In order to begin to make a connection between the microscopic and macroscopic worlds, we need to better understand the microscopic world and the laws that govern it. We will begin placing Newton's laws of motion in a formal framework which will be heavily used in our study of classical statistical mechanics.

First, we begin by restricting our discussion to systems for which
the forces are purely *conservative*. Such forces are derivable
from a potential energy function by differentiation:

It is clear that such forces cannot contain dissipative or friction terms. An important property of systems whose forces are conservative is that they conserve the total energy

To see this, simply differentiate the energy with respect to time:

where, the second line, the facts that (Newton's
law) and (conservative force definition)
have been used. This is known as the law of *conservation of energy*.

For conservative systems, there is an elegant formulation of classical
mechanics known as the *Lagrangian* formulation. The *Lagrangian*
function, *L*, for a system is defined to be the difference between the
kinetic and potential energies expressed as a function of positions
and velocities. In order to make the nomenclature more compact, we
shall introduce a shorthand for the complete set of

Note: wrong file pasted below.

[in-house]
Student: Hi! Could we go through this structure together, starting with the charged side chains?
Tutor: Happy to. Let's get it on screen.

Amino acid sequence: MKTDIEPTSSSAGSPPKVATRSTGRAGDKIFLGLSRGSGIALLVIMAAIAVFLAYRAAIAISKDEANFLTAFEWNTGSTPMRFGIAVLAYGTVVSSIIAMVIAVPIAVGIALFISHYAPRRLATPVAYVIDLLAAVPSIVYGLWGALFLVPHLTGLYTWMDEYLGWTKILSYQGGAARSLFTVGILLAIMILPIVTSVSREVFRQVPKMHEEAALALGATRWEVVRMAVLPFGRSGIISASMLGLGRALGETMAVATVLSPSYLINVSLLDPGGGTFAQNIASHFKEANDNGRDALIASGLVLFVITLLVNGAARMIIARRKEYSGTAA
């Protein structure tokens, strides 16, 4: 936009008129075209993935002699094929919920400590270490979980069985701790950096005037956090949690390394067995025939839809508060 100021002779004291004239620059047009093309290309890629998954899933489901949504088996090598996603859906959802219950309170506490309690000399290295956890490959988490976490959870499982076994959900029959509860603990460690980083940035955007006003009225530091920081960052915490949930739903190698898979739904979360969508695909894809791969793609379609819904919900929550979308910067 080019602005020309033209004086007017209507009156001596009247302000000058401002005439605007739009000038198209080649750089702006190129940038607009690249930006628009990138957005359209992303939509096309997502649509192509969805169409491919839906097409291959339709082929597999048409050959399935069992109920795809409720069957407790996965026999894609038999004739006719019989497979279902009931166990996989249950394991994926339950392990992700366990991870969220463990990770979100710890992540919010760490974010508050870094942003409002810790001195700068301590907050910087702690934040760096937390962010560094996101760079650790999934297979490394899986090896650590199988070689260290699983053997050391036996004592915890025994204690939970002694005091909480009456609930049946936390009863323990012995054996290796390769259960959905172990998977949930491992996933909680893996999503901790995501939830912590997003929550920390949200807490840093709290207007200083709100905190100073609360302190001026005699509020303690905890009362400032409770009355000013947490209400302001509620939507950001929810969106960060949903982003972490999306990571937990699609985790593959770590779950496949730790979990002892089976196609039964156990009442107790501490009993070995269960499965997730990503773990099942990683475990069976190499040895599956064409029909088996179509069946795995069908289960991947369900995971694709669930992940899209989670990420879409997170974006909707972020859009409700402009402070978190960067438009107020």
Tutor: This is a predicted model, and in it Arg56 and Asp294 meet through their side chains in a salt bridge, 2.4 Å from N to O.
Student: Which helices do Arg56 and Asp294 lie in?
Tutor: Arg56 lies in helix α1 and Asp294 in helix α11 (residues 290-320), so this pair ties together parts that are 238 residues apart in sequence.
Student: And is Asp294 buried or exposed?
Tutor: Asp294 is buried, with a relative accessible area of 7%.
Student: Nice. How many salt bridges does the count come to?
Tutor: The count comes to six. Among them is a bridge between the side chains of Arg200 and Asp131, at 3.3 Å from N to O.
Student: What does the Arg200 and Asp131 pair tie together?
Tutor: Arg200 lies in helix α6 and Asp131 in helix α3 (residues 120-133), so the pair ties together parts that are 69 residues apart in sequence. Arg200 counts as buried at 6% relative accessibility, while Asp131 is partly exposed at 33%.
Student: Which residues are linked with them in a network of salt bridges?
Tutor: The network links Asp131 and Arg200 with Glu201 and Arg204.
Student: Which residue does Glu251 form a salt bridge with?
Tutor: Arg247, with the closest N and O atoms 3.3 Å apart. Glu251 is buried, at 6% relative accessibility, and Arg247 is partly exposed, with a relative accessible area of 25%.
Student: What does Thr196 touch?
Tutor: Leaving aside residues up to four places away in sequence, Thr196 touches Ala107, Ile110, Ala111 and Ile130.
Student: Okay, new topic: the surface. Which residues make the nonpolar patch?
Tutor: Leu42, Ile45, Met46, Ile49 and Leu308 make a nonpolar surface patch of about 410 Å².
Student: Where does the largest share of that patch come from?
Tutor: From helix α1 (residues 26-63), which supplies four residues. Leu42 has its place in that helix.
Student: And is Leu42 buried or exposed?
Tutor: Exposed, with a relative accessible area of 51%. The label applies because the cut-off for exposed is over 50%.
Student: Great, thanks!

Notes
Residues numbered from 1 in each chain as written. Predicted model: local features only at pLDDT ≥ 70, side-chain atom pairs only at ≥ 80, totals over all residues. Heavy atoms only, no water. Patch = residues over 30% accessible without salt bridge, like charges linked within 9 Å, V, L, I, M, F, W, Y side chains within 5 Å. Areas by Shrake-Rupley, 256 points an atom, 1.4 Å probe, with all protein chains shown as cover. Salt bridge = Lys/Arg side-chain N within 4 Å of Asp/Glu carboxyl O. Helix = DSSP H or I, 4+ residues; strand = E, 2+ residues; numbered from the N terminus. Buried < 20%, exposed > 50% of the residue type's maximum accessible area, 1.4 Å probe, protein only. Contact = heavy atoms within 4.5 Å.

positions in an *N*-particle system: and
for the velocities: .
Then, the Lagrangian is defined as follows:

In terms of the Lagrangian, the classical equations of motion are
given by the so called *Euler-Lagrange* equation:

The equations that result from application of the Euler-Lagrange
equation to a particular Lagrangian are known as the
*equations of motion*. The solution of the
equations of motion for a given initial condition
is known as a *trajectory* of the system.
The Euler-Lagrange equation results from what is known as
an *action principle*. We shall defer further discussion of
the action principle until we study the Feynman path integral
formulation of quantum statistical mechanics in terms of which
the action principle emerges very naturally. For now, we accept
the Euler-Lagrange equation as a definition.

The Euler-Lagrange formulation is completely equivalent to Newton's second law. In order to see this, note that

Therefore,

which is just Newton's equation of motion.

An important property of the Lagrangian formulation is that it can
be used to obtain the equations of motion of a system in
*any set of coordinates*, not just the standard Cartesian
coordinates, via the Euler-Lagrange equation (see problem set #1).

Wed Jan 8 22:51:23 EST 2003